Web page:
The problem with this encoding of Shape is that the type-checker doesn't have any way to know whether or not radius or sideLength are present based on the kind property. We need to communicate what we know to the type checker. With that in mind, let's take another swing at defining Shape.

interface Circle {
    kind: "circle";
    radius: number;
}

interface Square {
    kind: "square";
    sideLength: number;
}

type Shape = Circle | Square;Try

Here, we've properly separated Shape out into two types with different values for the kind property, but radius and sideLength are declared as required properties in their respective types.

Let's see what happens here when we try to access the radius of a Shape.

function getArea(shape: Shape) {
    return Math.PI * shape.radiusProperty 'radius' does not exist on type 'Shape'.
  Property 'radius' does not exist on type 'Square'. ** 2;
}
Property 'radius' does not exist on type 'Shape'.
Property 'radius' does not exist on type 'Square'.
Try

Like with our first definition of Shape, this is still an error. When radius was optional, we got an error (only in strictNullChecks) because TypeScript couldn't tell whether the property was present. Now that Shape is a union, TypeScript is telling us that shape might be a Square, and Squares don't have radius defined on them! Both interpretations are correct, but only does our new encoding of Shape still cause an error outside of strictNullChecks.

But what if we tried checking the kind property again?

function getArea(shape: Shape) {
    if (shape.kind === "circle") {
        return Math.PI * shape.radius ** 2;
                         (parameter) shape: Circle
    }
}Try

That got rid of the error! When every type in a union contains a common property with literal types, TypeScript considers that to be a discriminated union, and can narrow out the members of the union.

In this case, kind was that common property (which is what's considered a discriminant property of Shape). Checking whether the kind property was "circle" got rid of every type in Shape that didn't have a kind property with the type "circle". That narrowed shape down to the type Circle.

The same checking works with switch statements as well. Now we can try to write our complete getArea without any pesky ! non-null assertions.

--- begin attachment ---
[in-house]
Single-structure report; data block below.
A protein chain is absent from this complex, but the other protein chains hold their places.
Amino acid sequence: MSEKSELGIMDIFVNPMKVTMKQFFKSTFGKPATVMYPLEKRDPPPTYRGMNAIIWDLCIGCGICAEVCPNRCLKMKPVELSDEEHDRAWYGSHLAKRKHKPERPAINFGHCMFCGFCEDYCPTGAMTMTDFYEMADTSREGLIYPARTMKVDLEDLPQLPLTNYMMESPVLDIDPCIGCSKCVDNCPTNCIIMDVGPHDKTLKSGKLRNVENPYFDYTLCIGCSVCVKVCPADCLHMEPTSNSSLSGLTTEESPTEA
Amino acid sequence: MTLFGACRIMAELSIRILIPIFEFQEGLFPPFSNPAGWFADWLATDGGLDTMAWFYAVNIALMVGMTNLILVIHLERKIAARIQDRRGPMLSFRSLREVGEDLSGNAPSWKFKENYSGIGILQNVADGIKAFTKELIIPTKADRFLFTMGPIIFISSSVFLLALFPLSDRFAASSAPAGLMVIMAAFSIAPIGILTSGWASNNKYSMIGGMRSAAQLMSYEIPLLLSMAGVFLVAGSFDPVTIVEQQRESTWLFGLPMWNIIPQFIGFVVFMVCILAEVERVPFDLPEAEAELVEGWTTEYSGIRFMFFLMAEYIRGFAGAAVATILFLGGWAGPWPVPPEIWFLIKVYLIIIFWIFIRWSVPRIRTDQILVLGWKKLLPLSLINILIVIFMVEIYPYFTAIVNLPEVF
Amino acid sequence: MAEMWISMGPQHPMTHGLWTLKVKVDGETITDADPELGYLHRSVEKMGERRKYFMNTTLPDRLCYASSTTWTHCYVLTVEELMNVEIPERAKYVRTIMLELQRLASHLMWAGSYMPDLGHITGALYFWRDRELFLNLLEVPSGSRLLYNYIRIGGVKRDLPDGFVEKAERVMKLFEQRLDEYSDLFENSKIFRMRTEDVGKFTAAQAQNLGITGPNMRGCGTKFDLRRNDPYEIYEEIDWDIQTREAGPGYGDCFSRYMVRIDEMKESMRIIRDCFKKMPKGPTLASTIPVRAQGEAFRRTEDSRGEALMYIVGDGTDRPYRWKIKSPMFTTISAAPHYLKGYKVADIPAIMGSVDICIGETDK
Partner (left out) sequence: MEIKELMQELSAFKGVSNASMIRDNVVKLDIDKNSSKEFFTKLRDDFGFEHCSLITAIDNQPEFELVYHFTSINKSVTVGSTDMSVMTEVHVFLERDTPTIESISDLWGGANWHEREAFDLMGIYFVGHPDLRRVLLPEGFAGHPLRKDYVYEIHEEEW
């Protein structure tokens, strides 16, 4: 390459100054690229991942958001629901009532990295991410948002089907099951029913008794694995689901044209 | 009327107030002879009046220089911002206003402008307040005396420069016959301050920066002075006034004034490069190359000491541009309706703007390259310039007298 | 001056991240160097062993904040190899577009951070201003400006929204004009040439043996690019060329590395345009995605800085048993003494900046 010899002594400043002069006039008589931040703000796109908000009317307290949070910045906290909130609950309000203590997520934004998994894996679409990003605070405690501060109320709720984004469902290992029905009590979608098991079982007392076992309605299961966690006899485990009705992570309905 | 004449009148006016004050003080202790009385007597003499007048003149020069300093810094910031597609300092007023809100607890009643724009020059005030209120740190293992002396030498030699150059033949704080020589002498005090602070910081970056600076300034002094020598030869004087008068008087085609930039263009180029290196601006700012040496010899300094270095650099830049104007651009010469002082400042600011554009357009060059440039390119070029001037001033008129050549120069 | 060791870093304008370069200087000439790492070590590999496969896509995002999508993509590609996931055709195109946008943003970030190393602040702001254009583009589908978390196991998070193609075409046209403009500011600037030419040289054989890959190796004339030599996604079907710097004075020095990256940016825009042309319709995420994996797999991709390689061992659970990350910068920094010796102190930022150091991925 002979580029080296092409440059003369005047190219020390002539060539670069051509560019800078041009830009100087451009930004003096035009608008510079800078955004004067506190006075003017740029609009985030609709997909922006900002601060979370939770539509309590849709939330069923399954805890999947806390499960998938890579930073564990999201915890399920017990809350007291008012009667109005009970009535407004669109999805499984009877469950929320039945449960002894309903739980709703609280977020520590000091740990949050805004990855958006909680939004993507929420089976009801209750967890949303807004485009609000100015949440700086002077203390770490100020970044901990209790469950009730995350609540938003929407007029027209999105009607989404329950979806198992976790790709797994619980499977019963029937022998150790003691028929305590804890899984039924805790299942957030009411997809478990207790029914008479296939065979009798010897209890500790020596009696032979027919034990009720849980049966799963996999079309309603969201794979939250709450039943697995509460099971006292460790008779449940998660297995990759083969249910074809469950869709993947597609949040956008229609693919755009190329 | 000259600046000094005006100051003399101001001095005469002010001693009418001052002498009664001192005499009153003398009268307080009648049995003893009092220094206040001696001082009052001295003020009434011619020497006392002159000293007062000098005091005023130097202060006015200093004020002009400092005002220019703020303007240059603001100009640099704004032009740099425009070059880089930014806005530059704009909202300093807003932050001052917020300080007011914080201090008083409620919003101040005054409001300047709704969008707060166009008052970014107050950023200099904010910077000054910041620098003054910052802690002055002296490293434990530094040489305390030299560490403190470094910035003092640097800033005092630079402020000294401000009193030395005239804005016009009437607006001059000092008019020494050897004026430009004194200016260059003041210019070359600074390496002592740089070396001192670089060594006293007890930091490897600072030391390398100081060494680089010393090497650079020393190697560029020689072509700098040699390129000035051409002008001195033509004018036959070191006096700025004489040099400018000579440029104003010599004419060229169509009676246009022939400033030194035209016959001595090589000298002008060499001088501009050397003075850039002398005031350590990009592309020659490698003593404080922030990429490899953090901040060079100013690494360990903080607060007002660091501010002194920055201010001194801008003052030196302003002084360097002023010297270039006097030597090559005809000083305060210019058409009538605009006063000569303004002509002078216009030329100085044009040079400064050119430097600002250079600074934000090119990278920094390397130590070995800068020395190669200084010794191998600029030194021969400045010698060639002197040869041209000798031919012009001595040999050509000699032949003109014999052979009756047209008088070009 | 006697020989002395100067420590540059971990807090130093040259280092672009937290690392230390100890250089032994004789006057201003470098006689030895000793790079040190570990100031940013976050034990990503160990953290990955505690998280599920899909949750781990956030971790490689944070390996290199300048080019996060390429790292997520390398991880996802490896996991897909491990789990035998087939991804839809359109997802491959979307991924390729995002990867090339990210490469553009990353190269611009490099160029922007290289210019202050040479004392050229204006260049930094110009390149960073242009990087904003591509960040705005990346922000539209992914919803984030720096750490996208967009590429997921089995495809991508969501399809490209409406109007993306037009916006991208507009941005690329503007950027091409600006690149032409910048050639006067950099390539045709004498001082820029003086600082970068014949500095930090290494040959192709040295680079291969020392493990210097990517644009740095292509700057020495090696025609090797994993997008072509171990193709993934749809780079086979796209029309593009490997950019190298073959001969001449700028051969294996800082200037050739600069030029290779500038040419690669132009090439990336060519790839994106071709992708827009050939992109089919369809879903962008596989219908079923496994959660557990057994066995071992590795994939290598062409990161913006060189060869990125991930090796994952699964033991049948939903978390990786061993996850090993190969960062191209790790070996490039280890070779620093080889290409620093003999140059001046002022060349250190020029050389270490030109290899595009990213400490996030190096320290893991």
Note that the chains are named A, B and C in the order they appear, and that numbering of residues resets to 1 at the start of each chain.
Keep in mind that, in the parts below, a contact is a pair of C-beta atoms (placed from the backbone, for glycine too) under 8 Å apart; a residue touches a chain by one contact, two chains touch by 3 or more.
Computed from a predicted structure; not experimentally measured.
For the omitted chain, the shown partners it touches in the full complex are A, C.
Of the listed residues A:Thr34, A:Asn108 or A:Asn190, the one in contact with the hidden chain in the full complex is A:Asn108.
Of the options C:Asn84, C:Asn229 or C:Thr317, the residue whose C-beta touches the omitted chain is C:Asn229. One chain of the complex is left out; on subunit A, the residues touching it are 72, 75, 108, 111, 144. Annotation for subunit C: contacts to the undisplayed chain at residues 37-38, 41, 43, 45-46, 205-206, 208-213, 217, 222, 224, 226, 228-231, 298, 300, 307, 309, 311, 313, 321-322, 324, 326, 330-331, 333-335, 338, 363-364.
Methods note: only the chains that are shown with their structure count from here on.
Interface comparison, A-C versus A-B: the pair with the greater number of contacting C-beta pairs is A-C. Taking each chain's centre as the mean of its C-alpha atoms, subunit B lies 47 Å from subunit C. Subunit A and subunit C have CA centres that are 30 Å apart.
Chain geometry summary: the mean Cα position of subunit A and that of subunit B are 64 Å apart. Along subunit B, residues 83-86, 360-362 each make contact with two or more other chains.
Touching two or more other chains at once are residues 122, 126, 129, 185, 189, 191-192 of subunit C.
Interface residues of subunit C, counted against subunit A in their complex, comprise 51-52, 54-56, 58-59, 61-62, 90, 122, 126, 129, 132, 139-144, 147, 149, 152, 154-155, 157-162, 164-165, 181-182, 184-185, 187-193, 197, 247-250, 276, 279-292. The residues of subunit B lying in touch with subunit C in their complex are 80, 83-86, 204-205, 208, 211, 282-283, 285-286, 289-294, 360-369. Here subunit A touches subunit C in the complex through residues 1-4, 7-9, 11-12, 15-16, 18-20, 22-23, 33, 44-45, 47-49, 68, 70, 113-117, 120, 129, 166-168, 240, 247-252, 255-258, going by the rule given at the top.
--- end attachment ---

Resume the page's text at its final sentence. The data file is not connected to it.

function getArea(shape: Shape) {
    switch (shape.kind) {
        case "circle":
            return Math.PI * shape.radius ** 2;
                             (parameter) shape: Circle
        case "square":
            return shape.sideLength ** 2;
                   (parameter) shape: Square
    }
}Try

The important thing here was the encoding of Shape. Communicating the right information to TypeScript - that Circle and Square were really two separate types with specific kind fields - was crucial. Doing that let us write type-safe TypeScript code that looks no different than the JavaScript we would've written otherwise. From there, the type system was able to do the "right" thing and figure out the types in each branch of our switch statement.

As an aside, try playing around with the above example and remove some of the return keywords. You'll see that type-checking can help avoid bugs when accidentally falling through different clauses in a switch statement.

Discriminated unions are useful for more than just talking about circles and squares. They're good for representing any sort of messaging scheme in JavaScript, like when sending messages over the network (client/server communication), or encoding mutations in a state management framework.

The never type

function getArea(shape: Shape) {
    switch (shape.kind) {
        case "circle":
            return Math.PI * shape.radius ** 2;
        case "square":
            return shape.sideLength ** 2;
    }
}Try

Exhaustiveness checking


More on Functions

Functions are the basic building block of any application, whether they're local functions, imported from another module, or methods on a class. They're also values, and just like other values, TypeScript has many ways to describe how functions can be called. Let's learn about how to write types that describe functions.

Table of Contents

Function Type Expressions

The simplest way to describe a function is with a a function type expression. These types are syntactically similar to arrow functions:

function greeter(fn: (a: string) => void) {
    fn("Hello, World");
}
function printToConsole(s: string) {
    console.log(s);
}
greeter(printToConsole);Try

The syntax (a: string) => void means "a function with one parameter, named a, of type string, that doesn't have a return value". Just like with function declarations, if a parameter type isn't specified, it's implicitly any.

Note that the parameter name is required. The function type (string) => void means "a function with a parameter named string of type a"!

Of course, we can use a type alias to name a function type:

type GreetFunction = (a: string) => void;
function greeter(fn: GreetFunction) {
    // ...
}Try

Call Signatures

In JavaScript, functions can have properties in addition to being callable. However, the function type expression syntax doesn't allow for declaring properties. If we want to describe something callable with properties, we can write a call signature in an object type:

type DescribableFunction = {
    description: string;
    (someArg: number): boolean;
};
function doSomething(fn: DescribableFunction) {
    console.log(fn.description + " returned " + fn(6));
}Try